on 12/28/99 5:07 AM, Michael Everson at email@example.com wrote:
> Ar 11:27 -0800 1999-12-27, scríobh John Jenkins:
>> For me, the AAT and OpenType mechanisms adequately answer this point, as
>> they allow full control over arbitrary (or automatic) ligature generation or
> But they don't because you can't predict for many instances what "default"
> "turning ligation on" could be. There _are_ no default ligatures for many
> scripts, times, documents, etc. And I know that the designer can add in a
> zillion levels of defaultness, but this is a clumsy kludge that burdens
> designer and user alike.
But AAT and OT don't restrict you to the defaults. The user has complete
control over what actually happens.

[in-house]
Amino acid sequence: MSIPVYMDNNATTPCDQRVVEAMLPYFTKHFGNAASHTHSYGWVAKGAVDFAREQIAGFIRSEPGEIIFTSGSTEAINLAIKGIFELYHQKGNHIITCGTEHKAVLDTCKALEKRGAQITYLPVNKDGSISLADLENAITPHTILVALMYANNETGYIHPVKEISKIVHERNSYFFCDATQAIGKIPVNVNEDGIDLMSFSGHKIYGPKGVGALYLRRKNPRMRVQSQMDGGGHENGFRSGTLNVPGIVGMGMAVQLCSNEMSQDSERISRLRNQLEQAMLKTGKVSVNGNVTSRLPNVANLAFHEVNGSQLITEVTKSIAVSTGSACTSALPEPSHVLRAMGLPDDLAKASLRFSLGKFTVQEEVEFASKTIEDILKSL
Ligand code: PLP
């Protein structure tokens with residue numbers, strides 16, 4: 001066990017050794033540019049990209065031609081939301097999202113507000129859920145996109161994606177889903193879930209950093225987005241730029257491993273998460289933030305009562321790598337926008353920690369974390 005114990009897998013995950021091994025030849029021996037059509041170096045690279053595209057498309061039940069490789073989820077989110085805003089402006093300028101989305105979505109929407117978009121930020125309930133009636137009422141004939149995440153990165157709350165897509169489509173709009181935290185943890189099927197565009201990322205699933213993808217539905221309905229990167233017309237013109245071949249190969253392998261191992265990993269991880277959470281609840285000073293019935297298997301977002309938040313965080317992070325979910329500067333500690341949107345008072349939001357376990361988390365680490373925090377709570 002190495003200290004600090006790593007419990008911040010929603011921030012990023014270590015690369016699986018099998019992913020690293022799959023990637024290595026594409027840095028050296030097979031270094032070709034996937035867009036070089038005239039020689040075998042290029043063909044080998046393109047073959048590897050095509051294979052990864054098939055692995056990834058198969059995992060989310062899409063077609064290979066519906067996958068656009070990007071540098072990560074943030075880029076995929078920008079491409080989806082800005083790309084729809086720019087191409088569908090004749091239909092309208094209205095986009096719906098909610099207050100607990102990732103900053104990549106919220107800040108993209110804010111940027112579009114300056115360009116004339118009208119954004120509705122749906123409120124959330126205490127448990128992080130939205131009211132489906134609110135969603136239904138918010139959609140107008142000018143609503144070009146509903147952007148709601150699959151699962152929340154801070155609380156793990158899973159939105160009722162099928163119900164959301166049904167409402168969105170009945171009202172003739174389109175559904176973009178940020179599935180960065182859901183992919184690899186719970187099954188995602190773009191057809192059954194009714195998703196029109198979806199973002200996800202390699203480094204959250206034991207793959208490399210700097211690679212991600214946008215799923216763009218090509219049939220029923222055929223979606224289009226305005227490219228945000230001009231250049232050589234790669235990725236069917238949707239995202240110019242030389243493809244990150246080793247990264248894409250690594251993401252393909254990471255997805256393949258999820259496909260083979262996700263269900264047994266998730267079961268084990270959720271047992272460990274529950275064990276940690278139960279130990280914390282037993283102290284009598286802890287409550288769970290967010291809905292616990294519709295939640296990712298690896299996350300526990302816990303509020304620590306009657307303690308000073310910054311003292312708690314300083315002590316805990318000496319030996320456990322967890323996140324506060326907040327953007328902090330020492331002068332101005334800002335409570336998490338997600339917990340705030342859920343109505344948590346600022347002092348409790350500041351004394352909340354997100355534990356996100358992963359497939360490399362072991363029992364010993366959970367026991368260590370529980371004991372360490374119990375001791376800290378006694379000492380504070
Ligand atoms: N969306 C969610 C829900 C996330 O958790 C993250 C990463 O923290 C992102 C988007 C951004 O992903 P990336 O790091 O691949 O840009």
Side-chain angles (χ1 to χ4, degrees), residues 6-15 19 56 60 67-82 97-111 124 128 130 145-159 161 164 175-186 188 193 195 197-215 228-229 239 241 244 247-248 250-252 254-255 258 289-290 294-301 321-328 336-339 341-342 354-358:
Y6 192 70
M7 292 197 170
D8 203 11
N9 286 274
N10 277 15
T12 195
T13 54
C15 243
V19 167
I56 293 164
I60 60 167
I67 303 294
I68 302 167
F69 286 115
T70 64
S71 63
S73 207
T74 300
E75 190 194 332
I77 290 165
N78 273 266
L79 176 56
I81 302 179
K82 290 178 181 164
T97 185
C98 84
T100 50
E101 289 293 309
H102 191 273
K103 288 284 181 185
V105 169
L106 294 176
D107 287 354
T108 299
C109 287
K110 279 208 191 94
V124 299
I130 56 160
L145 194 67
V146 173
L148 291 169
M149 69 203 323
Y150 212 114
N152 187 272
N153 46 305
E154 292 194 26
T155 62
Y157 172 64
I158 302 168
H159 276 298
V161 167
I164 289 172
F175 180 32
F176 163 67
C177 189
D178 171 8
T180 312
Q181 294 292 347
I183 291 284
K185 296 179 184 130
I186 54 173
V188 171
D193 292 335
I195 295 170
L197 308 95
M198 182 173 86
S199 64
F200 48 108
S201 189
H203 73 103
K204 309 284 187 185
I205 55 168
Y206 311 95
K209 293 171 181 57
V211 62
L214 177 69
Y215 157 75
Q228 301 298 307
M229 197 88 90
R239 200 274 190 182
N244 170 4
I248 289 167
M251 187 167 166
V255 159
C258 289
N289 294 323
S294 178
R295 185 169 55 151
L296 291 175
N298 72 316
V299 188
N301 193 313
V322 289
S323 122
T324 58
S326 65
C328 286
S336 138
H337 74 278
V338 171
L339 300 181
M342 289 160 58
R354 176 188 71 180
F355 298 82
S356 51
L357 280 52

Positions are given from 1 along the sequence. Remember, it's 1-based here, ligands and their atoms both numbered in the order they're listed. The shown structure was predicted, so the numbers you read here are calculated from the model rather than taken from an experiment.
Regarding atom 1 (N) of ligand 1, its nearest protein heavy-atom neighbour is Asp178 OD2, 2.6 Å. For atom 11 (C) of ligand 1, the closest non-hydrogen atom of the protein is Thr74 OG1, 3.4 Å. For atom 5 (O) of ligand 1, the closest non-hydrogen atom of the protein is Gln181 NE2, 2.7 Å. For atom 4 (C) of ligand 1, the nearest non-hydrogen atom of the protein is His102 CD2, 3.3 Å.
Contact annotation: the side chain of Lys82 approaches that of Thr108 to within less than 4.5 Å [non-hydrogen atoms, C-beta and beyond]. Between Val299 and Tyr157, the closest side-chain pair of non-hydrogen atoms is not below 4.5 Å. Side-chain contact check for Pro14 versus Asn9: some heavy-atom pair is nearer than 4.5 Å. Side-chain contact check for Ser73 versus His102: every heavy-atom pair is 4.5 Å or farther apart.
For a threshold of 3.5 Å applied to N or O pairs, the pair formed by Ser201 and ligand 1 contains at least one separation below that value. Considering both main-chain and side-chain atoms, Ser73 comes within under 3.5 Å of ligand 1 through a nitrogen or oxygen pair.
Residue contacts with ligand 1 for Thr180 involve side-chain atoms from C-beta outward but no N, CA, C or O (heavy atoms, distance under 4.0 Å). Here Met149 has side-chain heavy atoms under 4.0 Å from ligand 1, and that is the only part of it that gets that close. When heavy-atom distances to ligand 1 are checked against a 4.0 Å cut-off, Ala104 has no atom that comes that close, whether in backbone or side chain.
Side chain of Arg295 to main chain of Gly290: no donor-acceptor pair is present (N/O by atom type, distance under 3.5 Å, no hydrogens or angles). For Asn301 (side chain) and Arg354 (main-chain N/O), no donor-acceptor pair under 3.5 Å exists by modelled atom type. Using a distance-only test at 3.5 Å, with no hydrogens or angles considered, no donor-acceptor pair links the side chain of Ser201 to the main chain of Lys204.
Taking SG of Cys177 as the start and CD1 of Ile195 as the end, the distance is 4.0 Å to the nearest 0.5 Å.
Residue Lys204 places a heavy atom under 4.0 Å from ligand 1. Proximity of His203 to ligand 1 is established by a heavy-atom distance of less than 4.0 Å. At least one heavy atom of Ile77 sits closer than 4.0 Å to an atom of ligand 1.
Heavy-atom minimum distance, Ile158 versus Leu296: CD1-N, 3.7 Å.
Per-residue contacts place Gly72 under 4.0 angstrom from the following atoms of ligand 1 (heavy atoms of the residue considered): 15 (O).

> Merle Tenney showed me how the AAT mechanisms work in a font workshop in
> London last year. I was impressed. And I have been thinking about it all
> this time. And impressive as it is, it doesn't satisfy my needs.
I still haven't seen any specific instances where it fails. Inasmuch as AAT
allows *exactly* the kind of behavior you've been asking for (other than
presence in plain text), I don't see why it fails as a model.
It turns on certain ligatures by default.
The user can turn these defaults off in specific instances and turn on other
ligatures in specific instances.
John H. Jenkins
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